Hey, it’s a not-NECRONOMIDOL review! Yeah, that promise to write up some things in the queue, that didn’t pan out — I’m busy! — but, as soon as I saw that it was coming to Spotify, I knew that I wanted to hit up the latest from Codomomental’s latest. It only took six full listens to get here!
I’m going to preface this with: If you like your idol safe and predictable or on-brand, stay the heck away from Kaqriyo Terror Architect. On to the review!
Kind of on the sly, Codomomental has gone from being a multimedia production company interested in doing the idol thing pretty much to prove that they could to one of the best multi-project rosters in the business. Yes, I have a bias in that statement because I happen to approve wholeheartedly of the music produced, but they’re also undeniably taking much more creative paths than the overwhelming cookie-cutter majority out there. They matter, and have ever since “Neoneojealous Merochaos”.
And yet, I wasn’t convinced that they’d really earned it when a third group was announced last year. Yes, Zenkimi and Tsurezure were consistently doing great work, but the edges were fraying a little bit — despite being mostly true to form (and adding intermittent harsh vocals like all the rest of the cool kids these days), the original had become more than a little repetitive, and NSLE had veered in a direction that was increasingly reliant on lilt/scream juxtapositions and, often, just borrowing from Zenkimi’s sound catalog to diversify. Also yes, that will happen when you’re relying on pretty much the same two people to write for an entire company’s worth of projects; also but, one could be forgiven for thinking that perhaps the whole shebang had run out of steam, and what else was really there to accomplish (artistically) after how many singles, albums, exclusive tours and so on?
Apparently, the answer has been to just stomp all over expectations and take a crowbar to the genre-defying standard that both older sister groups had previously set in their own respective ways.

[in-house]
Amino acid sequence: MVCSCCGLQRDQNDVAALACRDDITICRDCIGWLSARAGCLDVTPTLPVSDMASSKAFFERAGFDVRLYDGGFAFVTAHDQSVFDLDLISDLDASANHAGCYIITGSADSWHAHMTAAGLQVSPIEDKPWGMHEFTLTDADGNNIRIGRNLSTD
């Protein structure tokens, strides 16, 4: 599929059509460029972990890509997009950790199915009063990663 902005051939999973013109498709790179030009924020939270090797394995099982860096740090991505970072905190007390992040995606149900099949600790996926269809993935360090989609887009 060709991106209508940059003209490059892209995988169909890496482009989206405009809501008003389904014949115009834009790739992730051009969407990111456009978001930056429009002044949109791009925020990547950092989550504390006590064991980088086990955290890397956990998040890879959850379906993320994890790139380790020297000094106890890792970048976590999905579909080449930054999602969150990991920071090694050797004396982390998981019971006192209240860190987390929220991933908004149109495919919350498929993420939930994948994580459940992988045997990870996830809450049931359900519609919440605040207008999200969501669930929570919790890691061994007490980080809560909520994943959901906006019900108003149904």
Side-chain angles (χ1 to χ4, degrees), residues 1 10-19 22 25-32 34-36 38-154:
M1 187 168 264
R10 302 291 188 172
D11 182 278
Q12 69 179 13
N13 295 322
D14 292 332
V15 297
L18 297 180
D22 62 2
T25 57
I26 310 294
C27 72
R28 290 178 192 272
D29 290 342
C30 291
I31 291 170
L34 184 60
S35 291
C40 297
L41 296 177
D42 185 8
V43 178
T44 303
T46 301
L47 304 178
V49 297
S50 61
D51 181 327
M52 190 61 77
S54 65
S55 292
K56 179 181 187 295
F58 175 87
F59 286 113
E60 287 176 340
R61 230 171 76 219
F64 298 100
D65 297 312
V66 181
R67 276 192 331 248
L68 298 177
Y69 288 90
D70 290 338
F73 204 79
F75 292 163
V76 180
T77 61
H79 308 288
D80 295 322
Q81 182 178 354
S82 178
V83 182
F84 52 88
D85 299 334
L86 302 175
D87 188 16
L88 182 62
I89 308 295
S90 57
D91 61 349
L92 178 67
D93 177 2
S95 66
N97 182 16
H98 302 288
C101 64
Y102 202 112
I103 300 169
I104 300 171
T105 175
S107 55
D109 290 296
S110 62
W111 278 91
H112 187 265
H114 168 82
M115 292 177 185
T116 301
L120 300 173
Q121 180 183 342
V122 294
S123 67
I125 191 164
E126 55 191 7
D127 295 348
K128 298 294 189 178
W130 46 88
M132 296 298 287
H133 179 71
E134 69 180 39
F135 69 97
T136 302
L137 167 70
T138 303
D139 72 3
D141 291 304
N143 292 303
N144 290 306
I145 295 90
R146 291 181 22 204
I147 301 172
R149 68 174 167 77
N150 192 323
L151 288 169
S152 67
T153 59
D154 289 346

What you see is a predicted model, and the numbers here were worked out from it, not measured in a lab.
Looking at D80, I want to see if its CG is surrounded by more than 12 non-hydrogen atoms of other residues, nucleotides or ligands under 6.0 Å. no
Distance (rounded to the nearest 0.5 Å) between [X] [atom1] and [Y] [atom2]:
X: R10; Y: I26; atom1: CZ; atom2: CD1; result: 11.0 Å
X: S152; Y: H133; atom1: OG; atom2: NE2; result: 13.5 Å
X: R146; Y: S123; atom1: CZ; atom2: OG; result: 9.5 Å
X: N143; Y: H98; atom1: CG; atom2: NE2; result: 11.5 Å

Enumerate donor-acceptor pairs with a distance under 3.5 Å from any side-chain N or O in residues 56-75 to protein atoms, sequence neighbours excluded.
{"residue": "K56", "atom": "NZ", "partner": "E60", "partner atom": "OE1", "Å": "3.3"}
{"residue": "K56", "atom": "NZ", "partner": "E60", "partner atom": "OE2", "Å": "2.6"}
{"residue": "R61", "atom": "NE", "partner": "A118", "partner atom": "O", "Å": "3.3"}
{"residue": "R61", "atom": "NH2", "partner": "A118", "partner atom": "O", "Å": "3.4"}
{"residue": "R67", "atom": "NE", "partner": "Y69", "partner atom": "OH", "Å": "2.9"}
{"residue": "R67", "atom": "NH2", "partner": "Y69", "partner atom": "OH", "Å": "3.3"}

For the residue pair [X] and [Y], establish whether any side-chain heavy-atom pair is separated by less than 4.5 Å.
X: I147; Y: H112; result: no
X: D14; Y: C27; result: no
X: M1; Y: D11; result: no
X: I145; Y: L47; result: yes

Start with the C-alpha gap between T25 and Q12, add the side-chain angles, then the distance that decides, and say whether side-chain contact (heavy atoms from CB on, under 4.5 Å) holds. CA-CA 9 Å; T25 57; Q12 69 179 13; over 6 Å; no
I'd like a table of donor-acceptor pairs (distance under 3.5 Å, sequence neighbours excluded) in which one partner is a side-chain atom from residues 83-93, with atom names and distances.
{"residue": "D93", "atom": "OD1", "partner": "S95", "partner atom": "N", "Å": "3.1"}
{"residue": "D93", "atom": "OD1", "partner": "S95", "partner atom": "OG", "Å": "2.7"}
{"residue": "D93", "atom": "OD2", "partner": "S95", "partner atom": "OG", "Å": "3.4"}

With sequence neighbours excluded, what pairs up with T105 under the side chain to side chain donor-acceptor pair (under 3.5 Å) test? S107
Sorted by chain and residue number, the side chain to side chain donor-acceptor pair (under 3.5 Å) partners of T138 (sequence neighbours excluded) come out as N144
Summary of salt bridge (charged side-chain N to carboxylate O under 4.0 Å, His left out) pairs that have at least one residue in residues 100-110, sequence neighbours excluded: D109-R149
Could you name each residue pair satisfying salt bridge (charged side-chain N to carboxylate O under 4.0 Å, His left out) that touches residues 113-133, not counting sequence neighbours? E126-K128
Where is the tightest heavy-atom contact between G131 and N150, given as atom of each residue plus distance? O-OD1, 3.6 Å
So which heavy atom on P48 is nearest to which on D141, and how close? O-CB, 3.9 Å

Kaqriyo Terror Architect didn’t start out as an obvious crowd favorite — if anything, their pre-debut left folks wondering if they should be taken all that seriously — but as teaser after teaser showed, this was going to be the project where syva and GESSHI and goodness knows who else flexed out all of the weird impulses they’d never spent on Zenkimi or Tsurezure, but might have a chance to experiment with within the confines of a project that I still don’t think has any particular boundaries.
Kakuriyo hasn’t disappointed yet, and they’ve developed as much positive buzz and gaijin fan support as anybody I’ve seen in such a relatively short amount of time. Yes, of course the album, their first, was going to be good — we have heard much of this already — but how good, and how definitive?
I am so glad to have titles written in romaji; Codomomental deserves awards for inexplicable titling
As far as I’m concerned, bookending the record with “yubikirgenman” and “kagome kagome” is an immediately smart move, as it puts what are possibly the group’s (current) two most signature songs into the two most important positions.
It took a few listens to notice that there isn’t much in the way of wasted space on this album. It’s an easy cop-out, especially well-known material already released, to just kind of fluff the listing with safe material that complements the known; Codomomental doesn’t usually take the safe route, thank heavens, because I could remove my two least favorite tracks (the Zenkimi knock-offs “irohani collage” and “Never”) and still have a very full, potent record.
For instance, “Oninoinumoando” is my kind of Codomocore, grindy and subtly brutal despite bright vocal work, appropriately applied synths and cool J-rock guitar leads around those big headbanger beats. Invert it, and you have the just-as-good “Like a Fake”; stick around for a hook, and you’ll get “Original Satire” and its incredible chorus.
I’m less a fan of (I know!) “Hide and Seek”, which I think is mostly fine but not quite at the same ridiculous standard, and of “Hybrid TABOO” and “Therefore?”, both of which are in that same “hip-hop club mix from heck” side of Kakuriyo’s work — and before it seems like I’m just not down with that style for them, note that a) I think all of the above are good songs and b) that “Makafushigism” is incredible, like if somebody handed trap beats and extra bass to a Tapestok songwriter.
The biggest winner, and easily worth the price of admission, is “Kaqriyo capriccio”; if you wanted a Metallica-reminiscent thrash riff to start things off, then go on a sonic voyage through some of the sweetest, kindest idol arrangements that, like the heavenly storm besetting Odysseus, is punctuated with escalating violence that leaves you disoriented but (because you survived!) satisfied.
I don’t know if I’m ready yet to give Cultural Mixing any of-the-year consideration — the highs are really high, but they’re balanced by kinda-high and even not-high — but I do know that things are off to a great start. Codomomental hit it out of the park again, and their newest project’s first full-length is setting things up for a very bright future.